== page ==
How free Wi-Fi could steal your data

Free Wi-Fi spots are a very handy way to get online without using up your monthly 3G or 4G allowance, but are they genuine?  Be careful of using unsecured hotspots, especially when conducting your private affairs. Here's how your data could be stolen and used against you.

Coffee shops seem to have become the open plan office of the 21st century. Visit any branch of Costa or Starbucks on the high street and the chances are you’ll be met with a sea of laptops, iPads, and smartphones, all bathing their users in a gentle glow of distraction. But while people might feel that their islands of tables, lattes and devices create a form of private space, the truth is they might not be the only ones looking at their personal information.

"Unfortunately", states Kaspersky Security blogger Stefan Tanase, "most people don’t realise how often and how easily that data, which you would never trust to most people around you, could be intercepted by a complete stranger seated ten meters away."

Free Wi-Fi can have a hidden cost, and that is security. While the idea of being able to roam around a city, connecting to several open Wi-Fi hotspots without incurring any fees is certainly a convenient one, you should always remember that cyber criminals use these very same connections to conduct their attacks.

"One of the easiest ways for hackers to capture information", reveals Sian John, Security Strategist for Symantec, "is to setup a friendly or 'safe' sounding Wi-Fi network, by using a hotel or restaurant name. It’s then amazing to see what people will do online without ensuring that their communication is protected or encrypted."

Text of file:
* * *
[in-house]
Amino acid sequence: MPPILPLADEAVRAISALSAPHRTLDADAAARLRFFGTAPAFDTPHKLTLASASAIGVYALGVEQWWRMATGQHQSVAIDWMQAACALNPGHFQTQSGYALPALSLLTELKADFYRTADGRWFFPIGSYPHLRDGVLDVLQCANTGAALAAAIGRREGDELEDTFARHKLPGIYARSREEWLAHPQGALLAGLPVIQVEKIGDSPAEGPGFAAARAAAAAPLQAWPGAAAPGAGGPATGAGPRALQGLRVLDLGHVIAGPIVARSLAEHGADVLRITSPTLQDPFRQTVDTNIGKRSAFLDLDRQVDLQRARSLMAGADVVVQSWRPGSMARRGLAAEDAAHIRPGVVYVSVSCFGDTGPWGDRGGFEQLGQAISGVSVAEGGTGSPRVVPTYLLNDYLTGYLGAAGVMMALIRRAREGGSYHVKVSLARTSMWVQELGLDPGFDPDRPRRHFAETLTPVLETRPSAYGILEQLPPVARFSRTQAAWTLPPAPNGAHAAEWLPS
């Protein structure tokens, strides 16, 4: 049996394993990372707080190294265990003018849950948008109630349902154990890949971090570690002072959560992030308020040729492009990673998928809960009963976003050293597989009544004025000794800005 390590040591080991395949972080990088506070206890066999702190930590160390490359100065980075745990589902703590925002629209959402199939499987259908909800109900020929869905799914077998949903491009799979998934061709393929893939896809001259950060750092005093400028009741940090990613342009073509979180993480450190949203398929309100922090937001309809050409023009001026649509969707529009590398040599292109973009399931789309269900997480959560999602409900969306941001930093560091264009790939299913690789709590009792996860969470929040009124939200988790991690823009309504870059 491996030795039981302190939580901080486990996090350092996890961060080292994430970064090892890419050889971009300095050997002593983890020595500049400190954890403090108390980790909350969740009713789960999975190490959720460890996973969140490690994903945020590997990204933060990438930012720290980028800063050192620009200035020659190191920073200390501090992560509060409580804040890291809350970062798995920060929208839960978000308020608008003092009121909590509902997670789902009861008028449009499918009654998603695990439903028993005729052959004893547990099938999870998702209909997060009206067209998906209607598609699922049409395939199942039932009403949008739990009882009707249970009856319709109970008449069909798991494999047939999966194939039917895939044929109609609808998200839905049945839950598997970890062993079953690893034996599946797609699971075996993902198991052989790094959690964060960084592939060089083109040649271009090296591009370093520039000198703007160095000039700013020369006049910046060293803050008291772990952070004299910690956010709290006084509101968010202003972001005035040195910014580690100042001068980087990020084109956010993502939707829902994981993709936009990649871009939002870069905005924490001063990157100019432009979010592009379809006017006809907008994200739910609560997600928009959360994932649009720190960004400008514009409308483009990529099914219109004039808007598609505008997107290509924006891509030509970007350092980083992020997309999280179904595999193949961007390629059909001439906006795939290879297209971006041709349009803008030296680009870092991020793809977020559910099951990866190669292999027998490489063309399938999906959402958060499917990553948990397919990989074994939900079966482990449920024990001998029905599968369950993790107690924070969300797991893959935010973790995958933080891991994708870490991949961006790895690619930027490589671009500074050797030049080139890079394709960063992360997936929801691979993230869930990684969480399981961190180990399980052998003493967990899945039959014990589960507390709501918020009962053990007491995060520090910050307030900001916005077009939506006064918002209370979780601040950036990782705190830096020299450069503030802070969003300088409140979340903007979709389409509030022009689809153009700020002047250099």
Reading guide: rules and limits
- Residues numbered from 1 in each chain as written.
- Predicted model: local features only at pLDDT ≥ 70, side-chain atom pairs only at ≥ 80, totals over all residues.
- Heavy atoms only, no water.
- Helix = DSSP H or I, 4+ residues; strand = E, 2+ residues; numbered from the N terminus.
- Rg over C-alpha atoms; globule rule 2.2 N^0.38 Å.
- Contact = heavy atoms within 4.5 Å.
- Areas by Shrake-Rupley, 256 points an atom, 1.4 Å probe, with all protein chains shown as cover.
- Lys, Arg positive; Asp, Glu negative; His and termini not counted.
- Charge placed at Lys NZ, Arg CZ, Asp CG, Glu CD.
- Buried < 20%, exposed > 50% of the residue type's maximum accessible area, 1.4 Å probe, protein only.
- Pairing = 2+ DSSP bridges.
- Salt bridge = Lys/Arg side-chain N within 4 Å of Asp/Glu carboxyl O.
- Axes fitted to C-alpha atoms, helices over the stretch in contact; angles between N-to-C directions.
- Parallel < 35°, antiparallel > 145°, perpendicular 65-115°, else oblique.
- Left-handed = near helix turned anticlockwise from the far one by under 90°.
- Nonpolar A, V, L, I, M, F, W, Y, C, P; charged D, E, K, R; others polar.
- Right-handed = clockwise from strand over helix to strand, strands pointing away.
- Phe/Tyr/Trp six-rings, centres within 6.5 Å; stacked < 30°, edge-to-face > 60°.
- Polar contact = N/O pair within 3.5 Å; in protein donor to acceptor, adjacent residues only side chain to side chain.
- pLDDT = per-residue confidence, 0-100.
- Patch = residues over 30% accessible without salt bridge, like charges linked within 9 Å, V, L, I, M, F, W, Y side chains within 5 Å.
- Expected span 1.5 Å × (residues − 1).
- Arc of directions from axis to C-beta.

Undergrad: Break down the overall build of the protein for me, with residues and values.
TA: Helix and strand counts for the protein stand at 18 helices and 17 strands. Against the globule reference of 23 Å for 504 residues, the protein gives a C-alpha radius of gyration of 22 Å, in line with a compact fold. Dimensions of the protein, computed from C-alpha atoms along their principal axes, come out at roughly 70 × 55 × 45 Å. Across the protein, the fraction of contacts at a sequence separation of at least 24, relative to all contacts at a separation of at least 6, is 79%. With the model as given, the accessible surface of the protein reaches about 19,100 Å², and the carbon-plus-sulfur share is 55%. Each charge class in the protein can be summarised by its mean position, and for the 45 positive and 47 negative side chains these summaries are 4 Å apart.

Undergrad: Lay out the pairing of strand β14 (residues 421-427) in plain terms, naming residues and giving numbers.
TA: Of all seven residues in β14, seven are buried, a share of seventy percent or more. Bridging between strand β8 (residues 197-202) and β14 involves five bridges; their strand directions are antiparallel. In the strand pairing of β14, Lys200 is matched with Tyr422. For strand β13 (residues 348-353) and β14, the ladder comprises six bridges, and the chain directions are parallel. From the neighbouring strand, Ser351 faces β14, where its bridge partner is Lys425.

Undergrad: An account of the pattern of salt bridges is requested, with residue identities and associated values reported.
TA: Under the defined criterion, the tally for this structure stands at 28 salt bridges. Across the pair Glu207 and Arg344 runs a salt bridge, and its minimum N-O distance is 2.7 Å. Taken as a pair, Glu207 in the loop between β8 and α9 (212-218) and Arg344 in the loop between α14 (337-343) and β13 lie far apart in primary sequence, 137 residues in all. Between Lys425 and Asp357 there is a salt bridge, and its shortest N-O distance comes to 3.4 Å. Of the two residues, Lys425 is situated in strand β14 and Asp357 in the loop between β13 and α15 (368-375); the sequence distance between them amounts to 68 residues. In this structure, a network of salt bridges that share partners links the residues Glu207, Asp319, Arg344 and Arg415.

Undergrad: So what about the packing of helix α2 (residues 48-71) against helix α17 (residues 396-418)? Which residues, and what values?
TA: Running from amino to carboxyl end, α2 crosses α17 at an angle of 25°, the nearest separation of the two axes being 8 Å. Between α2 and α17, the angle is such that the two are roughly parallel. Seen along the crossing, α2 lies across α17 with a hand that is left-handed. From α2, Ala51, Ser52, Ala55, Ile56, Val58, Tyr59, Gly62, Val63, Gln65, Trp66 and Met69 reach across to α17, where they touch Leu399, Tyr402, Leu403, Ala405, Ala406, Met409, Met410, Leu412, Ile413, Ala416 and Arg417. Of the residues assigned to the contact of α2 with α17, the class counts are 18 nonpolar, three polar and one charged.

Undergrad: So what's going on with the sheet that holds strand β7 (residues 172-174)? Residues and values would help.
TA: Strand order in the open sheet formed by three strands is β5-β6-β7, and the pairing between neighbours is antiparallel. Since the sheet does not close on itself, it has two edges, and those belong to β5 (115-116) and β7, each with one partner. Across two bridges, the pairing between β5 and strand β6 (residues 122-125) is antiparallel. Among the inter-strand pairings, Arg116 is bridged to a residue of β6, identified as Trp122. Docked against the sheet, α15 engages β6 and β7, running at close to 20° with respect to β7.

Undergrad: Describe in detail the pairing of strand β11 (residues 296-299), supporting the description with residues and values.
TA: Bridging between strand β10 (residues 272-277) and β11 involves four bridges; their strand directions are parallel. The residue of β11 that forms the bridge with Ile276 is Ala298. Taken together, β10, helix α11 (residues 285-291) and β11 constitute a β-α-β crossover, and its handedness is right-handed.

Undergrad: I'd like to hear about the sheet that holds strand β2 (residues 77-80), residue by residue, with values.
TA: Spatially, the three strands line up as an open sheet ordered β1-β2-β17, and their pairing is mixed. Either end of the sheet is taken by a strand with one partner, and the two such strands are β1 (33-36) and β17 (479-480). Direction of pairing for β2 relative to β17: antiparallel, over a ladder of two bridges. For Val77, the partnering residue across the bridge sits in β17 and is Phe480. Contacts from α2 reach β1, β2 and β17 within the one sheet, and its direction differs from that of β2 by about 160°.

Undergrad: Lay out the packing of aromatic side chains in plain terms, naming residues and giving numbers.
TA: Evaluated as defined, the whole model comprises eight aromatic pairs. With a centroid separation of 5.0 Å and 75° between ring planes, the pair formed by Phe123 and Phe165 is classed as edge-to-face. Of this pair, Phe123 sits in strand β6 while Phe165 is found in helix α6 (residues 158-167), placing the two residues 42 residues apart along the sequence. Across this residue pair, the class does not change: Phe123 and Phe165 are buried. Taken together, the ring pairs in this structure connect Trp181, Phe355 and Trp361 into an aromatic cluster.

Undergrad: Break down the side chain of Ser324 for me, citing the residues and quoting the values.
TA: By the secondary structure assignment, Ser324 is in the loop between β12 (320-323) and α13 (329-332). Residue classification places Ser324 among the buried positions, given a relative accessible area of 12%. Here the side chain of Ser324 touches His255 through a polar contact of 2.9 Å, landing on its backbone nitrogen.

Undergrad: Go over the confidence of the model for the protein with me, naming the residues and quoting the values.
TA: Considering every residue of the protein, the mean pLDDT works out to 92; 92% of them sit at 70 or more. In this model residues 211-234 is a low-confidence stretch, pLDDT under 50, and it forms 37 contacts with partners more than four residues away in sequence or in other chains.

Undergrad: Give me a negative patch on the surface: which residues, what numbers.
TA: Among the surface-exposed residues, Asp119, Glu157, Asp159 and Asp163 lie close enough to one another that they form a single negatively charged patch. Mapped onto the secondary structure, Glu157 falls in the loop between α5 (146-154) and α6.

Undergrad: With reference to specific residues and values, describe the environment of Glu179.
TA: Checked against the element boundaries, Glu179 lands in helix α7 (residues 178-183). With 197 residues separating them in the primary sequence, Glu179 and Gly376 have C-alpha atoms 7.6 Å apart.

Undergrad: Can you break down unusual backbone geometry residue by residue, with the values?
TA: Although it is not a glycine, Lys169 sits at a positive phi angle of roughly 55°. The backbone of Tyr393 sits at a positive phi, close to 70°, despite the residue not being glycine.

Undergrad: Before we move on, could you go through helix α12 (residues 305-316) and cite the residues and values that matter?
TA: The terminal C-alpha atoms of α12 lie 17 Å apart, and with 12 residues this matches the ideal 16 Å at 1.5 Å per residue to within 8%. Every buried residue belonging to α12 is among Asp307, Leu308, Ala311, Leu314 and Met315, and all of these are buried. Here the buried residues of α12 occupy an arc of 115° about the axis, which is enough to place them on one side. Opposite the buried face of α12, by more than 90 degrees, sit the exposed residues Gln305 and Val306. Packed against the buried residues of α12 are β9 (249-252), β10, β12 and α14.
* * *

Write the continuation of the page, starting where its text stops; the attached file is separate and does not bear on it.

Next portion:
These 'spoof' networks will look real, allowing you to navigate the web as you would normally, but everything you do is being watched and logged. It won’t be long before you’re prompted to download something innocent looking (which of course will be malware), or to confirm your login details to a secure site (say your bank or PayPal account) and then the criminals have their prize.

In fact, it doesn’t even have to be a network that you’ve never connected to before. There are gadgets that make use of a simple, built-in vulnerability in mobile devices to turn your regular haunts against you. When you log on to any network your device will store those details so that it will be able to automatically repeat the process next time you're within range of the router. This is very useful as it means you don’t have to manually input any kind of information when you return; your smartphone or tablet will connect automatically.

For trusted sites like your home and office networks this is fine, but when you’re out and about this can become a serious weakness. The WiFi Pineapple is a small, lightweight unit that acts as a Wi-Fi hotspot which can masquerade as another network. Due to its powerful antennas it will push its way to the front of the queue, obscuring the authentic network, when your device tries to log onto a known connection.

It then redirects your traffic - and all sensitive data - through its rogue proxy, leaving you completely unaware that you’re on a compromised version of the network. The most surprising thing is that this isn’t some expensive, military-grade device. It fits neatly in a backpack, is virtually undetectable to passersby, and is available online, completely legally, for around £60.